The Los Angeles Angels have made it an emphasis to address their pitching staff problems this offseason, so with that in mind, the team can possibly add another low-risk and high reward pitcher in Joel Hanrahan.
The 2013 season for the 32-year-old, as a member of the Boston Red Sox, was short lived due to a right elbow injury that needed season-ending Tommy John surgery in May, which limited him to pitching in just 7.1 innings in nine games where he had a 0-1 record with a 9.82 ERA and four saves.
Prior to last season, Hanrahan was the full-time closer for the Pittsburgh Pirates as he allotted 76 saves in 129.1 innings pitched with 128 strikeouts in a two-year span that earned him an All-Star game selection in each season.
The right hander had his best year as a closer in 2011 as he posted a 1.83 ERA and a career-high 40 saves. This included converting 30 straight saves and posting a sub-2.00 ERA for four consecutive months from April to July in that season.
But with that said, professional sports is a “what have you done for me lately” business in which Hanrahan is a player who is coming off a major surgery that typically takes pitchers a full year of rehabilitation in order to get back into form. Sometimes it may take two years. Adding to that, he is in his 30s, which means that when he comes back he will likely be past his prime years as a pitcher and be more of a shadow of himself on the mound.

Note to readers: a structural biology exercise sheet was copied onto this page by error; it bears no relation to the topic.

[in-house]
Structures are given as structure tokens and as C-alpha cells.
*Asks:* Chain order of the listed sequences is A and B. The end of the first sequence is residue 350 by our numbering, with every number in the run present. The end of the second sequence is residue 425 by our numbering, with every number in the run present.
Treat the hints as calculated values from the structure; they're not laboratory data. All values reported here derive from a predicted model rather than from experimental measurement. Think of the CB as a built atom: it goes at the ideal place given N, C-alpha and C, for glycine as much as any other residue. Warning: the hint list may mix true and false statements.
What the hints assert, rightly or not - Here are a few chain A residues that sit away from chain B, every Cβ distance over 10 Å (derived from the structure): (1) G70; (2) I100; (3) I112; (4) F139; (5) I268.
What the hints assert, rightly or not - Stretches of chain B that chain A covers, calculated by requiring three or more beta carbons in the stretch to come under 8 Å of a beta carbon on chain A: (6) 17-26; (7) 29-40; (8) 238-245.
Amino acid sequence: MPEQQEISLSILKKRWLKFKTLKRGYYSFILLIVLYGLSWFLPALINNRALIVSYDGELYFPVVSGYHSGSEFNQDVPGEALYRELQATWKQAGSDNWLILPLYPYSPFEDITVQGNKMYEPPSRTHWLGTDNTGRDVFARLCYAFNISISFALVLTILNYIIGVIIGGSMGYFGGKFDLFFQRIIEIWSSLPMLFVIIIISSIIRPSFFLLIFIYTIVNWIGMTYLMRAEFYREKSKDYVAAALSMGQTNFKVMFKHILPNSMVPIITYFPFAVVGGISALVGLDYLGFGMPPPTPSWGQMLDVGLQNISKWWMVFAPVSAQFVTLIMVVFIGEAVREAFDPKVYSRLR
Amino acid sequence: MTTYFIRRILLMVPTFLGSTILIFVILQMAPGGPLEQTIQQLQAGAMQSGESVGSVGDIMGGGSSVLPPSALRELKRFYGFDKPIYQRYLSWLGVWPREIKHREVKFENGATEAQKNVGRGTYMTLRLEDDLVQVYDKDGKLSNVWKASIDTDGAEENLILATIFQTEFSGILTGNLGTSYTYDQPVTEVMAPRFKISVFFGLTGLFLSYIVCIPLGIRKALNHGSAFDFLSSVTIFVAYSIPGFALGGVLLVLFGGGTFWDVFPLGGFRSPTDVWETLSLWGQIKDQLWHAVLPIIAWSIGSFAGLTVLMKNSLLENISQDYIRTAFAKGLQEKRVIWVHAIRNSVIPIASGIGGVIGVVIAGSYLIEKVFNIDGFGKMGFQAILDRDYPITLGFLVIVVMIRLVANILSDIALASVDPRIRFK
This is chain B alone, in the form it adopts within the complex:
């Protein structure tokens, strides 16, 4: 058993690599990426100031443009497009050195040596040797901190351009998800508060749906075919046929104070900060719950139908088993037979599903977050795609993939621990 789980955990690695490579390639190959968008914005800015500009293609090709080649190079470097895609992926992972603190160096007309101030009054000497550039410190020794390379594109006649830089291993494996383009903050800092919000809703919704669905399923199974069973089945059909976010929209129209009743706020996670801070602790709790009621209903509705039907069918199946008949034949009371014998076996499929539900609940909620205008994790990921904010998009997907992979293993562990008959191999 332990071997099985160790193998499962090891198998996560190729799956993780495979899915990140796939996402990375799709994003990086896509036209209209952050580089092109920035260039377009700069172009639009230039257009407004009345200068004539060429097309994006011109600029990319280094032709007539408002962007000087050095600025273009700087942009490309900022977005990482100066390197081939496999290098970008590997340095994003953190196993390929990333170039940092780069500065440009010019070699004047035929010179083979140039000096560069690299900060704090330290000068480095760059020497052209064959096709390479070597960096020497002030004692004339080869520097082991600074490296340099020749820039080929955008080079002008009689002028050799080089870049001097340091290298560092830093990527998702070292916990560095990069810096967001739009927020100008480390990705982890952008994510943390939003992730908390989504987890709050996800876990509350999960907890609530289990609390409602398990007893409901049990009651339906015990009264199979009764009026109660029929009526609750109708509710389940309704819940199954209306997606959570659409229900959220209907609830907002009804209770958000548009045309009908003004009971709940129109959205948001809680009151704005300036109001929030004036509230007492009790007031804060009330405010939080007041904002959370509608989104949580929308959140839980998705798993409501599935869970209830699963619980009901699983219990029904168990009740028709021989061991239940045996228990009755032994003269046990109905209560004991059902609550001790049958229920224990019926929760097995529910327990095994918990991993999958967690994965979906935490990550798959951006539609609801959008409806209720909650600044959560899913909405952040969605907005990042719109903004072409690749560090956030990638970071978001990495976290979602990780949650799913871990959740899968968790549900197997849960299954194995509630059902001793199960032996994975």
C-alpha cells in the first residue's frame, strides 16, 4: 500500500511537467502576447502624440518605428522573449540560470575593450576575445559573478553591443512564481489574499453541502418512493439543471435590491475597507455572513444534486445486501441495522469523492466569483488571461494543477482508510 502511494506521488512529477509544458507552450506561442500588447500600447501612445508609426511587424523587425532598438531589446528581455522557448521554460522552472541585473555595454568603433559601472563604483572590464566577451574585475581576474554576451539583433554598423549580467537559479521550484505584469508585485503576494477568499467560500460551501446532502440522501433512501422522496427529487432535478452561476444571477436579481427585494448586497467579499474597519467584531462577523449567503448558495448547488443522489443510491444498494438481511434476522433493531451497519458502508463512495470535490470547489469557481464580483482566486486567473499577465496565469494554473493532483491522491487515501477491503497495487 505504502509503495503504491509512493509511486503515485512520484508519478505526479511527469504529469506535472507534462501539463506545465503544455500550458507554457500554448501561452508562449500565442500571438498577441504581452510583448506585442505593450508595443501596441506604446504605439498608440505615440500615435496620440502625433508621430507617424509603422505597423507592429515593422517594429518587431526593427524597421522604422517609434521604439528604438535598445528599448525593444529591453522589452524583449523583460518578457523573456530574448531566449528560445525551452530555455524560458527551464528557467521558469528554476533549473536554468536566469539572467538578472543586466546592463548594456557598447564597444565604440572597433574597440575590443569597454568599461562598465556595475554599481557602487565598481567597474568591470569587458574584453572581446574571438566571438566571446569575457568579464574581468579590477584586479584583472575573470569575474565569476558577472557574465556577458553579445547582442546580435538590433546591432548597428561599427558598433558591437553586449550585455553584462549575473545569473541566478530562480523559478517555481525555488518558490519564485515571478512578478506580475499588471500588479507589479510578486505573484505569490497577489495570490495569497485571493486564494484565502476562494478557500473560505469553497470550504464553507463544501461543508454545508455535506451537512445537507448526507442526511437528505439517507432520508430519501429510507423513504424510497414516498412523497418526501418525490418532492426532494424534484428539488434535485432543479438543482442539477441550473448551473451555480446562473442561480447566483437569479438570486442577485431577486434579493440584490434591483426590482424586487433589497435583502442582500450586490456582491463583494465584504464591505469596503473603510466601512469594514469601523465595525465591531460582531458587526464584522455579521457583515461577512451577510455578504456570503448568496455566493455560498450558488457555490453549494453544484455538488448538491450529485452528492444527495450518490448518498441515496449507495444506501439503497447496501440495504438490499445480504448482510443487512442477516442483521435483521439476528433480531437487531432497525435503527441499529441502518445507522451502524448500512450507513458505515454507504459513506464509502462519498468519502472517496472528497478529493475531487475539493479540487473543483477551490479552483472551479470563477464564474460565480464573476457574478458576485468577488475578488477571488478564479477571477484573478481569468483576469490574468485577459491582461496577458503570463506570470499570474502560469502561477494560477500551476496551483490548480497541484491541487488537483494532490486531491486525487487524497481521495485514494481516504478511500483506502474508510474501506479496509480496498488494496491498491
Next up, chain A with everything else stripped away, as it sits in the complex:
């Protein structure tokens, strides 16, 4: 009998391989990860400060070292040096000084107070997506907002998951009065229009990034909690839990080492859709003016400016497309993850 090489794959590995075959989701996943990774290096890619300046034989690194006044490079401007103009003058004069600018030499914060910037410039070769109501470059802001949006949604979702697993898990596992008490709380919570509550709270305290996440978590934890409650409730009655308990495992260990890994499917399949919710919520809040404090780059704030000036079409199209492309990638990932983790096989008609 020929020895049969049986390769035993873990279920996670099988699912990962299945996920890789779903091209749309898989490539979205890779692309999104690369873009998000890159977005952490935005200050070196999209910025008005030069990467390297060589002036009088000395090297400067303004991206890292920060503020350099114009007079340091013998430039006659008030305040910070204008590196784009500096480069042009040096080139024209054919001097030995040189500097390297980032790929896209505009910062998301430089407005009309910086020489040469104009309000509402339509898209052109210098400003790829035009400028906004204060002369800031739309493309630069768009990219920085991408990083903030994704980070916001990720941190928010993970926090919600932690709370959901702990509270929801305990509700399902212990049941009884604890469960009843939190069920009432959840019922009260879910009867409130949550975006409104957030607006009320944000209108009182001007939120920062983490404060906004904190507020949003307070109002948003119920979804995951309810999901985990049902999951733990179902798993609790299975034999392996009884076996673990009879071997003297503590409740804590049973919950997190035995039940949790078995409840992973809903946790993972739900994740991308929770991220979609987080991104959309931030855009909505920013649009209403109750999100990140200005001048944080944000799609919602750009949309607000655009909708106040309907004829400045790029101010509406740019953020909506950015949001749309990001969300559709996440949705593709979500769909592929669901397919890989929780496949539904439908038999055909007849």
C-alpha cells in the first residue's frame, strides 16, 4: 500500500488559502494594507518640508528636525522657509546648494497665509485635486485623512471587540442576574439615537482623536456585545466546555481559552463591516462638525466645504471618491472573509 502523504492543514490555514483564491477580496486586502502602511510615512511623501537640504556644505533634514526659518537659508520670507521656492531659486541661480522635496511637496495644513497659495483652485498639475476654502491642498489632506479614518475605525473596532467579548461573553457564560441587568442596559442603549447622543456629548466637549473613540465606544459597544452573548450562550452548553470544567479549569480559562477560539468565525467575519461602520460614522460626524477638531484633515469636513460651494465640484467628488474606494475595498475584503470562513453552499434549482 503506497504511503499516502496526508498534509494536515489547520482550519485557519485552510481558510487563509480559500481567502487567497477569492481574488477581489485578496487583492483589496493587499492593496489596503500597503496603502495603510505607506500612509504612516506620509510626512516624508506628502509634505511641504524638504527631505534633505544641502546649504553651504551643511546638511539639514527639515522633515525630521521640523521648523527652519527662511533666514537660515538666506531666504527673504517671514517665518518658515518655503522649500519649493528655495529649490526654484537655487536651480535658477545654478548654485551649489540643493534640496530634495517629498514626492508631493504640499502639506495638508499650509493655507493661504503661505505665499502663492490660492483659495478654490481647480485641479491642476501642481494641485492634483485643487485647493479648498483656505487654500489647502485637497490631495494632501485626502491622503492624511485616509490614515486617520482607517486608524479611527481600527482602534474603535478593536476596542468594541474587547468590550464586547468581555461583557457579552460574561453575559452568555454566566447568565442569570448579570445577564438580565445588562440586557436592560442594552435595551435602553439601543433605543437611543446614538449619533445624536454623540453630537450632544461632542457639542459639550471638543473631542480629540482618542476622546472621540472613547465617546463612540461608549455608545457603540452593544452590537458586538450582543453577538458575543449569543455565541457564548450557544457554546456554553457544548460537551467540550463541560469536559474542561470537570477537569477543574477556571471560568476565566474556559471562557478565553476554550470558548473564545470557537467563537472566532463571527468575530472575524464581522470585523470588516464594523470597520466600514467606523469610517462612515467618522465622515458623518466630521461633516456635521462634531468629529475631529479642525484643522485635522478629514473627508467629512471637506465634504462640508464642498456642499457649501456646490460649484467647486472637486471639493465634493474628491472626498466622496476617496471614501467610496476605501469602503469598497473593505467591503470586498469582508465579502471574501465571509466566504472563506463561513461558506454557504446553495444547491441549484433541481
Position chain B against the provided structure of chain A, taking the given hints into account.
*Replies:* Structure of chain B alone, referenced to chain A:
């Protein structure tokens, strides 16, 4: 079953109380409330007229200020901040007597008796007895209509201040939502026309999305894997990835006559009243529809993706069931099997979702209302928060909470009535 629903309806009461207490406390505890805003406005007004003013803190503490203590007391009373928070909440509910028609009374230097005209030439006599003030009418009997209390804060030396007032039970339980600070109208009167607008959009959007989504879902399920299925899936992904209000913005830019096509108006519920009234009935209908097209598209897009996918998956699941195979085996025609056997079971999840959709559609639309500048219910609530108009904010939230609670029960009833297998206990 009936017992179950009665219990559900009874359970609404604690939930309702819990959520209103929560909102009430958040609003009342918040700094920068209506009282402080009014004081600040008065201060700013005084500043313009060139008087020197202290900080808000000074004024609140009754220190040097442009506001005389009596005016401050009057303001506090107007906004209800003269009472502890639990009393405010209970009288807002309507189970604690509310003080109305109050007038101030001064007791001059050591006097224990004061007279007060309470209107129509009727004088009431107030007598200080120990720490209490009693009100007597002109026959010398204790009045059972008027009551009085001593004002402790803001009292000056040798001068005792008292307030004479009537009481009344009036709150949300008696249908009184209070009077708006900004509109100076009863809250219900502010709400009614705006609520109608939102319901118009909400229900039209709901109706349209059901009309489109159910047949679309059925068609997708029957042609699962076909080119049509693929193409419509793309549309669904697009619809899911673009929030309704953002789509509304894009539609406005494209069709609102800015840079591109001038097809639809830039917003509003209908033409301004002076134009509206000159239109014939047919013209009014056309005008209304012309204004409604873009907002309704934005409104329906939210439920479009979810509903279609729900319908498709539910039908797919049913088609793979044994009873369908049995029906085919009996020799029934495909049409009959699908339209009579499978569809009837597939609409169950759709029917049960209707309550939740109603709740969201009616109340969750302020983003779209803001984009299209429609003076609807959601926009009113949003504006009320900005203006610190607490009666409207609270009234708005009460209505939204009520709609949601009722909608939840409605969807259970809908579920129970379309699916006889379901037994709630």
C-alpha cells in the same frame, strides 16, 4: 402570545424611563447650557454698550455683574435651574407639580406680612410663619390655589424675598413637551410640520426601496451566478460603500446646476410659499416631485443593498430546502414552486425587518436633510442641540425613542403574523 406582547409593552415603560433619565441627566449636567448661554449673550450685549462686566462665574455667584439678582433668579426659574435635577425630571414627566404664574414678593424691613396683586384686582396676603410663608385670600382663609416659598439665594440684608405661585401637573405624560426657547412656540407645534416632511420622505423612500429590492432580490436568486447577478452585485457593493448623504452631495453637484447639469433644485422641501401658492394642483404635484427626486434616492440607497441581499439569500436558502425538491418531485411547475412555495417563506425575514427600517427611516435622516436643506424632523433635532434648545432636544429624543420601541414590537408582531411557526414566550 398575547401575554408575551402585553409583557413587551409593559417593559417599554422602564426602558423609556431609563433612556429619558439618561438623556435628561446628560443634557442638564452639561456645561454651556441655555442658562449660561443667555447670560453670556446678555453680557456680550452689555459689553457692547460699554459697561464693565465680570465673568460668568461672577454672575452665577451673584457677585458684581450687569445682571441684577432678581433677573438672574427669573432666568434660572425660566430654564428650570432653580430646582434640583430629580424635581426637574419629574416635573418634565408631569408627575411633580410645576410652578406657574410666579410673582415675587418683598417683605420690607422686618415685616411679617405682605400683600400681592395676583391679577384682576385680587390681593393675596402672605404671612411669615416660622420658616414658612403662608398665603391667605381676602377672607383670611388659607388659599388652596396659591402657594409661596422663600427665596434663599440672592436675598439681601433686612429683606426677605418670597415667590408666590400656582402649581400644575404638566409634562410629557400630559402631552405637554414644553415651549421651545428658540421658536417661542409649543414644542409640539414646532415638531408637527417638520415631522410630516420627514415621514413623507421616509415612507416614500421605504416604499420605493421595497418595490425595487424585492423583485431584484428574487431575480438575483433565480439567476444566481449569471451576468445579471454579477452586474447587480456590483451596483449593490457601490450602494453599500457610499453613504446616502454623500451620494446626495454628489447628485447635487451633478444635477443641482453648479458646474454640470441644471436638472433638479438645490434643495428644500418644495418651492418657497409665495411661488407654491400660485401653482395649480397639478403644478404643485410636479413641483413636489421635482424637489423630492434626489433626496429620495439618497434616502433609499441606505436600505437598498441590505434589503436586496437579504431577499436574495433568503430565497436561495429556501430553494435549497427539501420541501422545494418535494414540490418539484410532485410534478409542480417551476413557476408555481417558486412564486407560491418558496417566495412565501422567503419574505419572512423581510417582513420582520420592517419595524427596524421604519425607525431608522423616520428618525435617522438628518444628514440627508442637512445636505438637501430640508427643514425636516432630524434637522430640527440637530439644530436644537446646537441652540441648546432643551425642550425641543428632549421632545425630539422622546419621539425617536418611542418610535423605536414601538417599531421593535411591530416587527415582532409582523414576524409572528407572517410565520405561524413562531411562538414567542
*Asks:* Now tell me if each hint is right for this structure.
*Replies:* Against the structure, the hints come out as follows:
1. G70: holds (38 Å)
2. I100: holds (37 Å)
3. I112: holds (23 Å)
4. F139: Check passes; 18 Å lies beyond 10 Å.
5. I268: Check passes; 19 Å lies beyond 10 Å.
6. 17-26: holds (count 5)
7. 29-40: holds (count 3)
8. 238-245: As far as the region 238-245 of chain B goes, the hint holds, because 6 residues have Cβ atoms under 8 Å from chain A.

Although that may be the case, the Halos can still take a flyer on Hanrahan as there have been several different cases of pitchers having success once they have returned to mound after a Tommy John surgery. Case and point is Billy Wagner, who at 38 years old in 2010, posted a 1.43 ERA with 37 saves in 69.1 innings pitched for the Atlanta Braves. There are also other notable pitchers such as Marino Rivera and most recently Francisco Liriano, who had his best season since 2006, as he had a 16-8 record with a 3.02 ERA in 26 starts with the Pirates.
Ultimately, what it points out, is that a pitcher can be effective on the mound once he returns. It is a risk the Angels can take on Hanrahan, as he will likely command nothing more than a low-end one-year deal or possibly a minor-league contract. The Halos will likely need to have an option for the 2015 season for Hanrahan, but if it does works out for both sides, the team would have another solid bullpen arm who was an All-Star caliber closer.